Bloom Vs SOLO

So after reading over Bloom’s revised taxonomy it made me reflect on a previous workshop that I have attended, Visible learning by John Hattie.  Within this work shop we looked at using the SOLO taxonomy (Structured Overview of Learning Outcomes) and how it compares with Bloom.
Rather than looking at a process that can used as a way to assess students, we must look at levels and depth of understanding that students have.  I seems rather neat to take Bloom’s taxonomy, modify it and look at it as a ‘one size fits all’, where assessments are created and they are then shoe horned into Bloom’sTaxonomy.  I would suggest that one size does not fit all and on the contrary one size fits might some.

 

Perhaps I am jaded from experience and SOLO is new and shiny…  However, I do like an approach that looks at levels of understanding and can be used to measure or gauge those levels of understanding:

 

Unstructured, where one idea has been identified or named
Multi structural, where many ideas have been defineddescribed or listed
Relational, where related ideas are analyzedappliedcause and effect has been explained and ideas have been justified
Extended abstract, where ideas have been extended, and learners are beginning to create their own ideas, hypothesize and generalize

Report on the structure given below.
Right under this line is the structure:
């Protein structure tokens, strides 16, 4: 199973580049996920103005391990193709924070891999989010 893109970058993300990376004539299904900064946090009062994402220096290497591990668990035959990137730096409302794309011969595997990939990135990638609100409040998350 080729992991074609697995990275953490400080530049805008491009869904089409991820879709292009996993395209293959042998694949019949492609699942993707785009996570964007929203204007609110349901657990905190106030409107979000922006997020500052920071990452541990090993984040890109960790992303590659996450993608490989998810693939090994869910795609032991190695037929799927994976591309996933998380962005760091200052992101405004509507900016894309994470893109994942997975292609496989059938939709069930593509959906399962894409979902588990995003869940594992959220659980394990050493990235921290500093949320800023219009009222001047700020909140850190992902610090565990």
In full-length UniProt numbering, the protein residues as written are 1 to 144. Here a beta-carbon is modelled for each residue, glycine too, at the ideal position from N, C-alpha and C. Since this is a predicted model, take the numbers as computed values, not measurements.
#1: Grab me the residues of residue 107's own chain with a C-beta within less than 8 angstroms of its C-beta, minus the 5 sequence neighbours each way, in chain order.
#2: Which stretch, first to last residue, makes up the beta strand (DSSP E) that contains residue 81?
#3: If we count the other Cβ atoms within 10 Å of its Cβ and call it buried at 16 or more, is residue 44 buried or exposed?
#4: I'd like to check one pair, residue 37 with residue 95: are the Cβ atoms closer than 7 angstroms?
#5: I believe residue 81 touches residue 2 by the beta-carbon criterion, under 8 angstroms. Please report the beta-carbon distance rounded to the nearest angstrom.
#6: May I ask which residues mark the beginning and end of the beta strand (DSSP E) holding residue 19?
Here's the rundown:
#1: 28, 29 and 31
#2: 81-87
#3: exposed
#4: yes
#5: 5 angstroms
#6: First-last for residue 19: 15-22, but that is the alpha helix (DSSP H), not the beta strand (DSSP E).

Further to this, it is fair to say that with both taxonomies there are common factors.  Higher order thinking skills are identified in Bloom’s Taxonomy and within the SOLO taxonomy these are termed conceptual. Bloom’s lower order thinking skills are termed surface deep within the SOLO taxonomy.
It also has to be understood that neither of these taxonomies can work in isolation and that there is a great need for teachers to collaborated when assessing learning, not only between year levels but across all year levels from K to 12.  This kind of collaboration will only further strengthen any taxonomy used but it will give us a common idea of progress.
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2 Responses to Bloom Vs SOLO

  1. This makes me want to learn more about SOLO. I appreciate different models that help me think about what I am doing in the classroom. Solo sounds more well rounded (holistic?) than Bloom’s Taxonomy as it incorporates the relational and emotional aspects of learning. I like the way SOLO seems to frame learning and thinking and as you say focus more on the depth of understanding. Thanks for sharing!

  2. Jessi Fisk says:

    I really like your thoughts on “One size does not fit all”. You are so correct, what works for one student does not necessarily for for another student, or even that same student on a different day. How can we expect that all of our students come to us with the same previous knowledge?
    SOLO sounds like a great approach to learning. How did you discover it? Was or is it something at your school?
    Sylvia you are so correct that there needs to be collaboration between not only the grade levels, but across the school. The vertical alignment allows for scaffolding, and bot reteaching of the same information from year to year. YES!!

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